> I have been thinking during this discussion of what
> used to be my favorite programming language, Forth.
> But Forth development was in the hands of a cult and,
> under their influence it has died. ... And so Forth has
Citing from technote.pdf on \over:
And so on and so forth.
> No better reason is
> given that supporting the authoritarian nature on latex. I think I have
> mentioned elsewhere that Leslie Lamport decidedly didn't have that
> attitude. The passage that really interested me was the following:
> "Using the six generalized fraction commands \over, \overwithdelims,
> \atopwithdelims, \above, \abovewithdelims is not really a good idea in
> LATEX, for reasons explained below. I construe LATEX’s provision of \frac,
> the lack of any mention in the LATEX book of the primitive fraction
> as an implicit injunction against their use, although I don’t think
> Lamport actu-
> ally spent a lot of time pondering the issue, and the basic LATEX version
> of \frac
> provides access only to \over, not to \atop, \above, or the withdelims
> ants. The amsmath package, however, provides a \genfrac command that gives
> user-level access to all six of the generalized fraction primitives in a
> way that
> conforms to the syntactic conventions followed by all other LATEX
> Not only is the unusual syntax of the TEX primitives rather out of place
> LATEX, but furthermore that syntax seems to be responsible for one of the
> significant flaws in TEX’s mathematical typesetting capabilities: the fact
> the current mathstyle at any given point in a math formula cannot be
> mined until the end of the formula, because of the possibility that a
> generalized fraction command will change the mathstyle of the preceding
> Now the claim made is not objectively wrong. Probably it would have
> been better if Knuth had made \frac instead of \over. But he made the
> choice and if you dig deep enough, as I did, you discover that \frac is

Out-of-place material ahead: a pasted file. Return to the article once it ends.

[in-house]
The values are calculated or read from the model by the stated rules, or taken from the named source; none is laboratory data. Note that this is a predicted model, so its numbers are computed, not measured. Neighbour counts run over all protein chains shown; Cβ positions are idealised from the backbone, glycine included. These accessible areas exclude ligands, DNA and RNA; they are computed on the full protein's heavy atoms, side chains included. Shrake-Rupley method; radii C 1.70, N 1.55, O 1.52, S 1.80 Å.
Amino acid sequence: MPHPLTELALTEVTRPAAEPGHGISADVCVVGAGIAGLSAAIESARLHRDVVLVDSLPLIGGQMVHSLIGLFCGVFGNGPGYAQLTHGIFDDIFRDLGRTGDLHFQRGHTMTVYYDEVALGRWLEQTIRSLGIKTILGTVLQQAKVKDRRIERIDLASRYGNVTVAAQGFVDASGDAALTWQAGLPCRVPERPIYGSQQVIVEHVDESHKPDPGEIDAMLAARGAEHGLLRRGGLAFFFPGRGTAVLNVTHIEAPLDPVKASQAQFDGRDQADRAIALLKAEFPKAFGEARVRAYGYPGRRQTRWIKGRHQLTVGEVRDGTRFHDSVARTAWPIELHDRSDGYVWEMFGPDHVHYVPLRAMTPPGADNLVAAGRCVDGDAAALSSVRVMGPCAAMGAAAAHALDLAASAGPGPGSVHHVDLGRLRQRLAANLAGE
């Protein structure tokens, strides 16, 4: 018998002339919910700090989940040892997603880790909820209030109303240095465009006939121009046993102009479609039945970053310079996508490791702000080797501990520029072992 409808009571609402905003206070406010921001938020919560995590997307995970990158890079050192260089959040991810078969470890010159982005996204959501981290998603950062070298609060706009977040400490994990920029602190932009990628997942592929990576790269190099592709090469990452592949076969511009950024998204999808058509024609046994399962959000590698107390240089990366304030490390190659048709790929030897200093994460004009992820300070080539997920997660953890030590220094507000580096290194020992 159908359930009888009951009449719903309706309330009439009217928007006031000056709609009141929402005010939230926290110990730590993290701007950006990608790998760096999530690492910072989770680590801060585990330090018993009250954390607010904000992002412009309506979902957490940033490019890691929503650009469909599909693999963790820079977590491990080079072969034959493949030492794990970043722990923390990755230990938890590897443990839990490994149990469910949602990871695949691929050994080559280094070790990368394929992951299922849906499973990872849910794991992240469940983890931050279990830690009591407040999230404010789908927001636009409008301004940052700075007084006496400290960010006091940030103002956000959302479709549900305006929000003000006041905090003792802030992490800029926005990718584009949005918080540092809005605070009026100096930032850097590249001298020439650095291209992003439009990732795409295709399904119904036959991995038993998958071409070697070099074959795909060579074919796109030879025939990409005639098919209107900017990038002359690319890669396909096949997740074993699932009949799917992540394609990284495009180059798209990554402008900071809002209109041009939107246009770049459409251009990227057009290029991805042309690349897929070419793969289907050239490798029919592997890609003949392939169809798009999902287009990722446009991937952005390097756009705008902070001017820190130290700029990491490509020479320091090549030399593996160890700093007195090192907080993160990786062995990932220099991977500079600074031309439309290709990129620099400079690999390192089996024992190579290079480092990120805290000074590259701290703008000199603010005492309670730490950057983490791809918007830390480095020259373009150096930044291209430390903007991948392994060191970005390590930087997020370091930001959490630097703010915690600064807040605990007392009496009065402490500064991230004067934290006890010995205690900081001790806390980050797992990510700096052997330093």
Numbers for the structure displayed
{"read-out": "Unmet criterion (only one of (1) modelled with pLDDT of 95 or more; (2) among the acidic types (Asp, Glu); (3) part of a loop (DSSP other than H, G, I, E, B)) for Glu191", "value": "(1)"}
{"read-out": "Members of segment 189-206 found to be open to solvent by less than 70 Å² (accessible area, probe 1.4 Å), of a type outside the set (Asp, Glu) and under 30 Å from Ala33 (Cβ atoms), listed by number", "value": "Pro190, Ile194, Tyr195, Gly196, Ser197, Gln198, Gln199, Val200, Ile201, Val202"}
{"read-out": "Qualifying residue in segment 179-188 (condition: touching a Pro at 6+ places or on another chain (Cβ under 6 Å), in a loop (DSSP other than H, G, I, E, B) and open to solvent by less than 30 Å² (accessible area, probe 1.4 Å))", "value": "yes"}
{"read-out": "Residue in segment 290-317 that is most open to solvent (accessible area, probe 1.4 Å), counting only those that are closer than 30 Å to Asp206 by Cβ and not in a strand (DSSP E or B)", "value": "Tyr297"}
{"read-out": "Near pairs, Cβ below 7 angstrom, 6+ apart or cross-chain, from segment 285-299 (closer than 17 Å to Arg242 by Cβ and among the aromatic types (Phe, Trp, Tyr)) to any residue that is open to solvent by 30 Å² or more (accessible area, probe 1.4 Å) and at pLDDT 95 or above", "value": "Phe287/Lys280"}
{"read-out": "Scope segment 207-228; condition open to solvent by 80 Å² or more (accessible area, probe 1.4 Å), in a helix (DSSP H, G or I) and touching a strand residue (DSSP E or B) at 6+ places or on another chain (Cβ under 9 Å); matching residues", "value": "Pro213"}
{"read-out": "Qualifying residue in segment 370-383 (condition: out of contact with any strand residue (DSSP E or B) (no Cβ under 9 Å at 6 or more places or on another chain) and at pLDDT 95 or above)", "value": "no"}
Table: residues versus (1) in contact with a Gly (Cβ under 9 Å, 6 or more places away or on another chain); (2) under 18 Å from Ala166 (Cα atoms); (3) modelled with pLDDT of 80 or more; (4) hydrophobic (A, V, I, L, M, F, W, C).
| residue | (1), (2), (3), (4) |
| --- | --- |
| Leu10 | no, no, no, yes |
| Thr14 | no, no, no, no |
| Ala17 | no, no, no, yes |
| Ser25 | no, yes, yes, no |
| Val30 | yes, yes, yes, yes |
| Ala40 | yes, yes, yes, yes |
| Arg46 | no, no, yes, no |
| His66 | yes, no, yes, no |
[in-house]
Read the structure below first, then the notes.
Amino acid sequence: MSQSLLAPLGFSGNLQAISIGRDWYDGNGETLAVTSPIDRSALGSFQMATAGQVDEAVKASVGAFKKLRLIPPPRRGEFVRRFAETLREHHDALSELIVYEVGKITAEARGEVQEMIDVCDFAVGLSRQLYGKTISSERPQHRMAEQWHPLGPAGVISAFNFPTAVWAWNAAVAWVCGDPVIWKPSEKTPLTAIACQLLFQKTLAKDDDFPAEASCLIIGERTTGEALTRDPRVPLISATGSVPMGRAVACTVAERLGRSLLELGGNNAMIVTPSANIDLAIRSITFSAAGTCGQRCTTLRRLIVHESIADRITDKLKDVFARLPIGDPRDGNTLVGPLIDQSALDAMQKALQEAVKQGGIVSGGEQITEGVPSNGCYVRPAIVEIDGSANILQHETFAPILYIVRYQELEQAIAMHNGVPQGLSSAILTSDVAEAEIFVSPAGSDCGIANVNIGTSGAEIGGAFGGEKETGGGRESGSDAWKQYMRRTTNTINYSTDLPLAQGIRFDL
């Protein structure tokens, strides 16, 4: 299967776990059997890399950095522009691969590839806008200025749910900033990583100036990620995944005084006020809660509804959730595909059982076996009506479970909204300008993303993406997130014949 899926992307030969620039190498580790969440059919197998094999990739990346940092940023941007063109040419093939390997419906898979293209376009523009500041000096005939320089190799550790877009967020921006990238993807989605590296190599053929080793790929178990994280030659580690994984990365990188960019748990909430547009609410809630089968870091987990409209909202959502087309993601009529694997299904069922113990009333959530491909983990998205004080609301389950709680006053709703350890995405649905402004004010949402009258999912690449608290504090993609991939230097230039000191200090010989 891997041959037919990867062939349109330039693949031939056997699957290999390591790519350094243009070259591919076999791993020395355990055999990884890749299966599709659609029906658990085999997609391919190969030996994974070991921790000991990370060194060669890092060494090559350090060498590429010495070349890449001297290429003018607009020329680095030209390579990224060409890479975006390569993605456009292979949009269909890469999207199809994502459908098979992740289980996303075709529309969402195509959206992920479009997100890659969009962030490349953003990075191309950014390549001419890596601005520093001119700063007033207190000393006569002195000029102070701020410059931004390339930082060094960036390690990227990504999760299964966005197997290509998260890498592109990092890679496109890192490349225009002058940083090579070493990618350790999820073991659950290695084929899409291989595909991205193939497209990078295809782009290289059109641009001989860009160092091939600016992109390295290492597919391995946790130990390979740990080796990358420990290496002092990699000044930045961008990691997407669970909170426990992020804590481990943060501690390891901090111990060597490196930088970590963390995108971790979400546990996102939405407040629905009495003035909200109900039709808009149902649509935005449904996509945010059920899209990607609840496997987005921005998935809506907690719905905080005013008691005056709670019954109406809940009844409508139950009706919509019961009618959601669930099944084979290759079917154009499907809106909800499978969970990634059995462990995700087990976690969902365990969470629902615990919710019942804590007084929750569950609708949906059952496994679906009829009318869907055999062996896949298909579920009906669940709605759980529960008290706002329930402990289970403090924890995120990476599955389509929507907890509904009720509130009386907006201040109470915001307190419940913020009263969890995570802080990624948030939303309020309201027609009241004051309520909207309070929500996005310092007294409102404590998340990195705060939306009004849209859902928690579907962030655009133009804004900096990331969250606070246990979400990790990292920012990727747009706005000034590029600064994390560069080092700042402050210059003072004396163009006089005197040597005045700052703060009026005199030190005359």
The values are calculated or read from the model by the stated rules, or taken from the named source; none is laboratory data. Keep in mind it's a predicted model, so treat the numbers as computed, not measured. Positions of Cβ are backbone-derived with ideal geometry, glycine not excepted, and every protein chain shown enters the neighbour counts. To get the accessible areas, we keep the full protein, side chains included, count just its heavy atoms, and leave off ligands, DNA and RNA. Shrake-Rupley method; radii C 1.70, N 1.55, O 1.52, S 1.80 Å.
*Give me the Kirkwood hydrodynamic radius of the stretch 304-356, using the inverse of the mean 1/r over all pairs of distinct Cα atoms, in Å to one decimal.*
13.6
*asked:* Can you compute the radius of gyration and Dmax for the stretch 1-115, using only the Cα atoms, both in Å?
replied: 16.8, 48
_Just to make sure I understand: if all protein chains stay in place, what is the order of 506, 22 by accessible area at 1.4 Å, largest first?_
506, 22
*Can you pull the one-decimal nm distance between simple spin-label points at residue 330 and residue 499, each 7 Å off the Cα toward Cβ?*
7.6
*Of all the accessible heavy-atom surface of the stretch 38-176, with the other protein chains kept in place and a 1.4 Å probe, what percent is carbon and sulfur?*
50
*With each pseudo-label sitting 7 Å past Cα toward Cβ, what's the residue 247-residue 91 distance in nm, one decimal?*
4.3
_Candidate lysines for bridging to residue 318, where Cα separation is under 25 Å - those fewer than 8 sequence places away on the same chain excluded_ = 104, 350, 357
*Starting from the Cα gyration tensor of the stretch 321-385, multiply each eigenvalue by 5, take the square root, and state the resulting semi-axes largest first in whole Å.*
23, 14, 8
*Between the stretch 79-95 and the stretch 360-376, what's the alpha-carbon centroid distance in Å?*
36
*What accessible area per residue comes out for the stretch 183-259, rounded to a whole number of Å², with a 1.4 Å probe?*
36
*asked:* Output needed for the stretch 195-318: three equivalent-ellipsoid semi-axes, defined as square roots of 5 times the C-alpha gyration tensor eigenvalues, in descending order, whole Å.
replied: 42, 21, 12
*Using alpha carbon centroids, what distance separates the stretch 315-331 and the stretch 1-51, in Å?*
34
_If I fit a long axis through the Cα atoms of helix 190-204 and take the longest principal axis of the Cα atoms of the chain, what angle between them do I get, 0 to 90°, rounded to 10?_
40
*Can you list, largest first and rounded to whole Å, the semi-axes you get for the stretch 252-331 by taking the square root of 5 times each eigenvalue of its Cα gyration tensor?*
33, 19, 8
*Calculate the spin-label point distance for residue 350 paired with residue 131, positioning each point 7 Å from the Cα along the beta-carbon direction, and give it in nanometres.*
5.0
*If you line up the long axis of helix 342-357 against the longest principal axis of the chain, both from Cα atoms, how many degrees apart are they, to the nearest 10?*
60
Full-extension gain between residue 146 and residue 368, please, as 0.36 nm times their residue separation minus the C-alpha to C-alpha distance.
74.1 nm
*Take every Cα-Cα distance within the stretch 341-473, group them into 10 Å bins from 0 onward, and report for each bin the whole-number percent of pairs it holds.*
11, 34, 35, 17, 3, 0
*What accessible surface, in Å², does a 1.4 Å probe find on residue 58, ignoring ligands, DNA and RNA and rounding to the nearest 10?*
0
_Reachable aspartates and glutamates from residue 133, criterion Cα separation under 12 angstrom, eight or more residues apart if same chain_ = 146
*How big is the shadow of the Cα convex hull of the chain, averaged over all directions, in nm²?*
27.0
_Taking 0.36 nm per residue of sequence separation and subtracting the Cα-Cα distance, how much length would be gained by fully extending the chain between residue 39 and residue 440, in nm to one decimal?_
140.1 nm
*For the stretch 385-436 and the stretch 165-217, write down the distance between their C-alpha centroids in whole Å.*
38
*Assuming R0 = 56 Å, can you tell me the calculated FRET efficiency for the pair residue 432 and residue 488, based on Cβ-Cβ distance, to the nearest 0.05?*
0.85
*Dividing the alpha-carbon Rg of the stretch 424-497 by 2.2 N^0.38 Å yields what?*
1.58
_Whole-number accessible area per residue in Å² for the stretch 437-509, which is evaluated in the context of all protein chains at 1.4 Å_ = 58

> based entirely on \over (actually on \@@over, which is \let equal to
> \over). So how does this escape the problems with \over? I don't see
> how it could. Michael Downes once told me that \over would be omitted
> in some future implementation of tex (an implementation that wouldn't
> pass the trip test, I imagine, and therefore couldn't be called tex).
> But I fail to see how allowing \over and \matrix actually causes
> Downes goes on to discuss the problems this causes font selection and
> made NFSS much harder to implement. I agree that the NFSS is one of the
> best features of the current latex and one of the main reasons I use it.
> But I repeat, latex is a tool, not a religion.
> I have been thinking during this discussion of what used to be my
> favorite programming language, Forth. Using it I programmed a primitive
> tex interpreter. It didn't do proportional spacing, hyphenation or
> justification, but connected to an Epson FX-80 it produced recognizable
> output (I also made a font builder). But Forth development was in the
> hands of a cult and, under their influence it has died. They defined a
> "standard Forth implementation" and anything that went beyond that was
> "non-standard". But Forth was missing several features: floating or
> even fixed point arithmetic (only integer arithmetic was provided,
> although you were free to program your own routines) and no string
> handling although again you could make them if you liked. Another
> "feature" was that programs were supposed to be written as a sequence of
> Forth "screens" using their editor rather than a good text editor. And
> a standard Forth program could not use input generated by anything but a
> standard Forth program (e.g. the Forth screen editor). And so Forth has
> died. (There is still a web site not updated in five years and I could
> not find anything to suggest an implementation for modern PCs is
> The comments by barbara beeton were especially disturbing since they
> seemed to say clearly that the release of latex 3 would definitely cause
> a fork.
> My bottom line is that I can see no way whatever that restraining users
> causes problems.
> The modern conservative is engaged in one of man's oldest exercises in
> moral philosophy--the search for a superior moral justification
> for selfishness. --J.K. Galbraith